Rogean Rodriguez builds castles in the sand. For eleven years he has squatted on a little piece of shoreline across from the fancy hotels on Rio’s famed Copacabana Beach. On this patch of real estate he creates fantasies by hand with sand and water. His exquisite palaces catch the light and eyes of tourists who walk along the boulevard. Sometimes they contribute a few coins and photograph his masterpieces. At night a watchman guards the kingdom while Rodriguez returns to the hillside “favela” where he lives. On the mountain above Copacabana beach is Pavao. The shanty town that Rodriguez calls home is a short distance yet a world away from his fairy tale castles. “Favelas” are the slums. Created by squatters they are home to many of Rio’s six million residents. It is the Rio that locals steer clear of and tourists are warned to avoid. But these cities within a city are hidden and unique cultures worthy of exploration. With the advent of specially guided tours http://www.favelatour.com.br/ visitors can travel safely into the “favelas” for an eye-opening look at the other Rio de Janeiro.
Andres LeJerraga picks me up at the Copacabana Palace, one of the most splendid hotels along its namesake beach. I join a vanload of curious tourists for the ride up to Rocinha, Rio’s most infamous favela. When laying out the itinerary for my visit to Brazil I decided I wanted to personally witness the poverty I had heard so much about. The point of the visit was not to gawk or exploit, but rather to get an authentic view of how people live. I learn that there actually is a name for this kind of tourism. It is called “poorism” and it is a fast growing market taking off in cities like Rio, Bombay, Nairobi and Johannesburg. Part of my interest, I must confess, sprung from a bit of defiance. I grew weary of people telling me how dangerous Rio was. Don’t walk off the main streets, leave any valuables at the hotel, watch out for drug dealers, be careful who you talk to, beware, beware, beware.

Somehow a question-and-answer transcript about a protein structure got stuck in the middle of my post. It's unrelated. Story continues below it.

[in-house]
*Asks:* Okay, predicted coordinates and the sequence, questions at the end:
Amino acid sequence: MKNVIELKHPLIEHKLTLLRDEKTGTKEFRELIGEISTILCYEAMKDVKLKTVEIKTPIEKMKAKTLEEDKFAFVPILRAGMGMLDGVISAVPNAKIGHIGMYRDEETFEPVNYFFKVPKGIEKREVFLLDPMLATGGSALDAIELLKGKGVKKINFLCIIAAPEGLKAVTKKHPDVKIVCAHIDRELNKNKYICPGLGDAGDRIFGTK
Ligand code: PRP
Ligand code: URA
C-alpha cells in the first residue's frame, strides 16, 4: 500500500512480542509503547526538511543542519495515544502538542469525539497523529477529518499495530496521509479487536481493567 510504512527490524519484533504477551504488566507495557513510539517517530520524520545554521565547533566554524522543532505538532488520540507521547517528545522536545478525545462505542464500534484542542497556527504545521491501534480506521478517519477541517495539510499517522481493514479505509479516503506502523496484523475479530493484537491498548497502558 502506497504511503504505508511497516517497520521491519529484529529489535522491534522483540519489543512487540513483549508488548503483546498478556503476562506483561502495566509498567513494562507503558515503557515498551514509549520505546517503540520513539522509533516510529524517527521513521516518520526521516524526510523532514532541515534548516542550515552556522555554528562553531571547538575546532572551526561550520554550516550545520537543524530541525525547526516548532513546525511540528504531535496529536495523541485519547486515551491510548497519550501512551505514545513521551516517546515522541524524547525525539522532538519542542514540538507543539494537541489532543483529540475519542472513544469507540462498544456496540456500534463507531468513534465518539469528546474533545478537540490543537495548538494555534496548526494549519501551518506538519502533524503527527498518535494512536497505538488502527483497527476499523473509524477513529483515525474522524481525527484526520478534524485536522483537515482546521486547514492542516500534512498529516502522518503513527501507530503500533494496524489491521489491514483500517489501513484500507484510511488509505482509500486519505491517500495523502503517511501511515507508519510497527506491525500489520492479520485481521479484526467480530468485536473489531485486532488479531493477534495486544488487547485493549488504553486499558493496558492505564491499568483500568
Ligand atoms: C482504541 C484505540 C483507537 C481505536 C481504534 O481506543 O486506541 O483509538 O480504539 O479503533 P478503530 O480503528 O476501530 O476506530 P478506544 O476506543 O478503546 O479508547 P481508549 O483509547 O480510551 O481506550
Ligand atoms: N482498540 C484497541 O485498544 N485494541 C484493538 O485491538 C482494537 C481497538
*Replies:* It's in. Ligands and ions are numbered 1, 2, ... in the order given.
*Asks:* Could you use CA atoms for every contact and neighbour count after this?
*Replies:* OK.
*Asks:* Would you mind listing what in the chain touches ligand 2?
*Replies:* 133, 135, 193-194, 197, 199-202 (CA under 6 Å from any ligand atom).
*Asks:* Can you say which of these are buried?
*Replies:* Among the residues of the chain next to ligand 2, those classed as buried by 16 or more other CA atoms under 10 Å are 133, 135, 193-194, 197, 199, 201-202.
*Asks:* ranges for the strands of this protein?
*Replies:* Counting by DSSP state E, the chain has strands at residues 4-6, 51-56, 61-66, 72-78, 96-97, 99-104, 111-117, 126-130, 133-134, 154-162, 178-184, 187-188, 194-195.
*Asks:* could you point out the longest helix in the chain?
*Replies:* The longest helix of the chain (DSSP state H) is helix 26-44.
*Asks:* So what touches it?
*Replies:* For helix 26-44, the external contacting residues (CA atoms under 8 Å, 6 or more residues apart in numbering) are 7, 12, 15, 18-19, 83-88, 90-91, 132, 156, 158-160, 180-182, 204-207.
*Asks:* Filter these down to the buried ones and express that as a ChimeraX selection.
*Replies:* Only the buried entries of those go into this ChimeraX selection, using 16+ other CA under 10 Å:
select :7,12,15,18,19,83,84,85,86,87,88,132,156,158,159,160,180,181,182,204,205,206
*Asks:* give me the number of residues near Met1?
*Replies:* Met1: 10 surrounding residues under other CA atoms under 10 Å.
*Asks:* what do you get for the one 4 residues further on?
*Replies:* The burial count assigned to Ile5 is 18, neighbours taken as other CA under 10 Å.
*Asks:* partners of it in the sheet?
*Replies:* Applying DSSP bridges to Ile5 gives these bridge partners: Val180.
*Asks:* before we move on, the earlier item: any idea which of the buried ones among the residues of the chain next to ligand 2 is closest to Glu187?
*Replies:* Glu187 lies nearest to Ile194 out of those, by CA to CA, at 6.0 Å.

The huge sprawling Rocinha can be seen on a hillside on the urban outskirts of Rio long before we arrive. Andres tells us as many as 200,000 people live in the slum. A Formula One racetrack went through here before Rocinha started developing in the 1940’s. Today the main drag through Rocinha is Cowboy Lane, a busy commercial center with 1300 shops and three bus lines. Stone and brick houses with tin roofs are precariously packed and stacked one on top of the other on the hillside. They were built by construction workers on solid rock. Many have stunning views. From a rooftop one can see the line of demarkation between the poor and the rich who live in high rise buildings on the other side of the road in an area called Sao Conrado. Because these settlements were created by squatters, refugees and displaced people, infrastructure was an afterthought. Many gather water in big blue tanks on their rooftops. There is a chaotic tangle of cables and wires crisscrossing the roads for electricity. Samba music plays in the streets. From eye level it looks similar to urban business districts in densely populated graffiti covered cities but there is a lot more going on in the “favelas” than what meets the eye.
The spontaneous settlements originated when soldiers in the late 1800’s were forced to camp out on the hillsides of large cities. Favelas burst at the seams in the 1900’s as people from the country flocked to the industrialized areas for opportunities. These were the people who built the tourist meccas of Ipanema and Leblon. If you live in a big house in Rio the woman who cares for your children likely lives in a “favela.” If you stay at a hotel on Copacabana Beach, the workers who clean your room and take care of the maintenance likely live in “favelas.” In the past authorities tried to close the favelas down but in the 1990’s the government realized they were here to stay and provided some basic services like garbage pick up, sewage, electricity and water. Now there are about 750 “favelas” in Rio. It’s estimated that up to one third of people in the city live in them. Brazil is one of the most economically unequal countries in the world with 34% of people living in poverty. Because of this the population of “favelas” is growing much faster than that of the surrounding areas.